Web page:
Reboot camp

In the desperate hunt for stories, adaptations are now all-dominant

On Cinema

This article is taken from the June 2024 issue of The Critic. To get the full magazine why not subscribe? Right now we’re offering five issues for just £10.

To sit through the trailer reel in the cinema this summer is to be offered a series of films that look in some way familiar. Here’s Furiosa, described as “A Mad Max Saga” — a spin-off of a reboot of a film franchise. Here’s Borderlands, based on a computer game. Here’s Bad Boys: Ride Or Die, in which Will Smith plays, for the fourth time, a character he first portrayed in 1995.

Hollywood, desperate for stories, has always mined existing content: could that book or toy be filmed? Could that film be filmed again? Good ideas are hard to come by, so if someone else has managed to make one work, you’d be a fool to ignore it. In the fierce competition for eyeballs, something that comes with a built-in audience has a head start.

But adaptations are now all-dominant. Of the top 20 films of 2023, only two aren’t based on existing intellectual properties, and those are both cartoons. The highest-grossing movie, Barbie, owed part of its success to its enjoyable execution, but a great deal to the fact that an awful lot of people have owned pink plastic dolls.

That film’s co-star, Ryan Gosling, gets his own franchise this year in the shape of The Fall Guy, a reboot of an 80s TV series.

The Fall Guy

It’s hard to believe that there was a fanbase out there desperately demanding that this be brought back, but you can see that the idea of a Hollywood stuntman who uses his skills to solve crimes would be appealing, especially to a producer who knew absolutely nothing about stunts or crime-solving.

This is a popcorn movie where the hero — who rejoices in the amazing name of “Colt Seavers” — punches, rolls and crashes his way through a series of action sequences, and then the villain confesses. It’s carried along by the considerable charm of Gosling and his love interest, Emily Blunt.

Neither has their acting skills stretched. The stunts are fun, and the script has some laughs, even if it makes less and less sense as the film goes on. My teenager had as much fun as I did.

But I couldn’t help thinking about one of the films that made Gosling a star, Drive. In that, his character is a stuntman who uses his skills to commit crimes, specifically as a getaway driver. Both his performance and the film are the opposite of The Fall Guy: restrained and haunting. Still, this one probably paid better.

Watching The Fall Guy did crystalise my thoughts about a small British film, The Trouble with Jessica, that’s still in a few cinemas and will doubtless be streaming soon. It has a great cast and a solid premise: a couple are finally about to sell their house and get out of a deep financial hole when a friend kills herself in their back garden. Should they cover this up to ensure the sale goes through?

The problem with the delivery is that the film can’t decide if it’s a drama or a comedy, and each side undermines the other: if we’re supposed to care about this person, then hiding her corpse isn’t funny. The Fall Guy knows it’s a comedy, and it gives not a moment’s thought to the actual victim of the crime that Gosling is supposed to be investigating.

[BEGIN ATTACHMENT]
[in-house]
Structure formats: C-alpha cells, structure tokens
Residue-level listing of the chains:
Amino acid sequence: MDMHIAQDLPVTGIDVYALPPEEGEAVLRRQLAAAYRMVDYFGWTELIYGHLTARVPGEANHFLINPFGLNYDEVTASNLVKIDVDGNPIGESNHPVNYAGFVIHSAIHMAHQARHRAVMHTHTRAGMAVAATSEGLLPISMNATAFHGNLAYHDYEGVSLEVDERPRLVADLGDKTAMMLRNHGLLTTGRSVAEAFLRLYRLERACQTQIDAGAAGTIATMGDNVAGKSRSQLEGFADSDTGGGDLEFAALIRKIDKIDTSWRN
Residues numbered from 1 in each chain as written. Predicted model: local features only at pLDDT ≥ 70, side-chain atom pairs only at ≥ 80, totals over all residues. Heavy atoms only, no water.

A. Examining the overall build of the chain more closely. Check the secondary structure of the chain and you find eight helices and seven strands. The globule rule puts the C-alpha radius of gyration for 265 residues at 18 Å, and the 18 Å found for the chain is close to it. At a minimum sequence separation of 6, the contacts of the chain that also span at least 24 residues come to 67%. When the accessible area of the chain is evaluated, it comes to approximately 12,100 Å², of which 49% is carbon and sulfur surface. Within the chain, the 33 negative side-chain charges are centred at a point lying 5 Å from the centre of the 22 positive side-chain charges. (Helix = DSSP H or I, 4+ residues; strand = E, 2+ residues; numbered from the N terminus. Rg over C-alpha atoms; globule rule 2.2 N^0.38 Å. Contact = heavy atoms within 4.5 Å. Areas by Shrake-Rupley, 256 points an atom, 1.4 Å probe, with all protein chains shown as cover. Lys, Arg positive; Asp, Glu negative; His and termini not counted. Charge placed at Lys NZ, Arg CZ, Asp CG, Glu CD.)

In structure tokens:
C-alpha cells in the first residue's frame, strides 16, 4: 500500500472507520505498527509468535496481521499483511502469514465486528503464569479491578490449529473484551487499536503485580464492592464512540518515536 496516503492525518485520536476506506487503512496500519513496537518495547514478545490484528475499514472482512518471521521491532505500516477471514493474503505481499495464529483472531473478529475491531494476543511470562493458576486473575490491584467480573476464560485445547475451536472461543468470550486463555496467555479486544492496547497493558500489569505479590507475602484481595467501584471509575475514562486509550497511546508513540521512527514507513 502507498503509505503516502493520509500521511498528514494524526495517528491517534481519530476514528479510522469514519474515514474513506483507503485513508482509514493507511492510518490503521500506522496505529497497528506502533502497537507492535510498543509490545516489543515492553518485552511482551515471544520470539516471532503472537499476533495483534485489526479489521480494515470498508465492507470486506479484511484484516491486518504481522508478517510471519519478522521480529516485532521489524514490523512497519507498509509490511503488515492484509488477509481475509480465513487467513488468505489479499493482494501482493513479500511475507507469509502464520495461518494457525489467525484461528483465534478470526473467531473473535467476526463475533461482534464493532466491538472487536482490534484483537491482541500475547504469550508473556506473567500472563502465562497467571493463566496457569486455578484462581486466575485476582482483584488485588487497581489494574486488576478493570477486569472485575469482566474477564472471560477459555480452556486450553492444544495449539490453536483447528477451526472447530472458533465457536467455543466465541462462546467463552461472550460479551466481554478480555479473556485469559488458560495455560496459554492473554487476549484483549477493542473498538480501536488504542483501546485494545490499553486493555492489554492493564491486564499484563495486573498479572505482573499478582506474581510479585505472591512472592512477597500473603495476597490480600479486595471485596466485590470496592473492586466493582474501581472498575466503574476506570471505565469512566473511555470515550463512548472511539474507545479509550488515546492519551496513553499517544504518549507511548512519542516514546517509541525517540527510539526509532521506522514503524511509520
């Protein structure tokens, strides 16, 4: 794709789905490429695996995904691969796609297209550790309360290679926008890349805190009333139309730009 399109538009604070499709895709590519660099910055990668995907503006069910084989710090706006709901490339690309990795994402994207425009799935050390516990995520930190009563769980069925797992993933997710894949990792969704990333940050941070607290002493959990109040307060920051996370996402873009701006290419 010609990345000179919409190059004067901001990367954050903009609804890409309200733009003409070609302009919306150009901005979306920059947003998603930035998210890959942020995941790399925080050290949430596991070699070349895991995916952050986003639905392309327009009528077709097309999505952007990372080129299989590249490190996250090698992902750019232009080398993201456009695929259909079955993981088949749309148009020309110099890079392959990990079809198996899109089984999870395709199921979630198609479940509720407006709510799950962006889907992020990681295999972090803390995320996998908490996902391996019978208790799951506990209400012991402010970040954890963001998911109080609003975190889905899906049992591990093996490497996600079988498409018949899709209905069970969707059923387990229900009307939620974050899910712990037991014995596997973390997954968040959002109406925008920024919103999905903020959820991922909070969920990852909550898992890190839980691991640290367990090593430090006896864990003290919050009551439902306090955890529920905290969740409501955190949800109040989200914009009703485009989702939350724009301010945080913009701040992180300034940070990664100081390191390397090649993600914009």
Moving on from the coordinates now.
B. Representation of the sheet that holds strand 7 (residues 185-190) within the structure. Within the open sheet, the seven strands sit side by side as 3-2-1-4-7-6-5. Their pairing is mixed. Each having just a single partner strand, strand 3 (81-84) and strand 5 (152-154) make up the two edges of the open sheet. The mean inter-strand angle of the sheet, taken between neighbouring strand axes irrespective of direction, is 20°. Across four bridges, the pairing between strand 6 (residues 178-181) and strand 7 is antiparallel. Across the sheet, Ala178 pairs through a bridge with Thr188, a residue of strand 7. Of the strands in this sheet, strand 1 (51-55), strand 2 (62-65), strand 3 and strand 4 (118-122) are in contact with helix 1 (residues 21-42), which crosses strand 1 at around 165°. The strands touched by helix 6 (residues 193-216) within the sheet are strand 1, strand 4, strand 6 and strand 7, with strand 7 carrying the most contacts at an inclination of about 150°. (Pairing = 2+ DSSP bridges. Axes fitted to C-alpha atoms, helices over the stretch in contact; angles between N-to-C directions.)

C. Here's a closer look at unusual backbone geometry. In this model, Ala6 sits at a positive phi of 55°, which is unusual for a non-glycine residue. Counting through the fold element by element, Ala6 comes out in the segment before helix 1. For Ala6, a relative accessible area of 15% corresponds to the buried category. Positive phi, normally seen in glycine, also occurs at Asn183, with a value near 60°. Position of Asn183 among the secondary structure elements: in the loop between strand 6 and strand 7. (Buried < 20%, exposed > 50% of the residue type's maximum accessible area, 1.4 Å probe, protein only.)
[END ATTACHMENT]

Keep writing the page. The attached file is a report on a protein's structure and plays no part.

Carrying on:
Kingdom of the Planet of the Apes

A rebooted movie franchise can be an opportunity to do something completely new. Of all of them, perhaps the Planet of the Apes series stands up best. The original 1968 film gave us one of cinema’s great twist endings, but its apes were, very clearly, actors in rubber masks. Fifty years of special effects development means the simians are now utterly convincing as they swing through the treetops.

For my money, the best of the series was Dawn of the Planet of the Apes, where humans clinging on to civilisation in the face of a killer virus try to find a way to live with apes who have been made more intelligent by the infection. Leaders on both sides are undermined by rivals who want war. It’s thrilling and intelligent at the same time.

In the latest instalment, Kingdom of the Planet of the Apes, many years have passed, and human intelligence has regressed, leaving our species mute and feral but still, fortunately, able to fashion bikini two-pieces out of fur.

Our hero Noa is an ape whose peaceful tribe is abducted by more aggressive rivals, led by the enjoyably bombastic Proximus. Searching for them, Noa meets Mae, a human with secrets.

There’s a decent quest tale here, but it doesn’t reach the level of the earlier films. Each of those worked on their own terms. This time the most interesting questions of trust between Mae and Noa are left unexplored. It feels, ultimately, too much like the film is simply a set-up for the next episode. Adaptations are eating themselves.

One completely original film hitting screens this month is The Dead Don’t Hurt, written and directed by Viggo Mortensen, familiar as Aragorn in The Lord of the Rings. He acts in it too, but the star is Vicky Krieps, as a frontierswoman in the 1860s. It’s an engaging mix of Western, character study and doomed love story. But perhaps its strongest recommendation is that it won’t have a sequel, and it’s quite unlike anything else out there.

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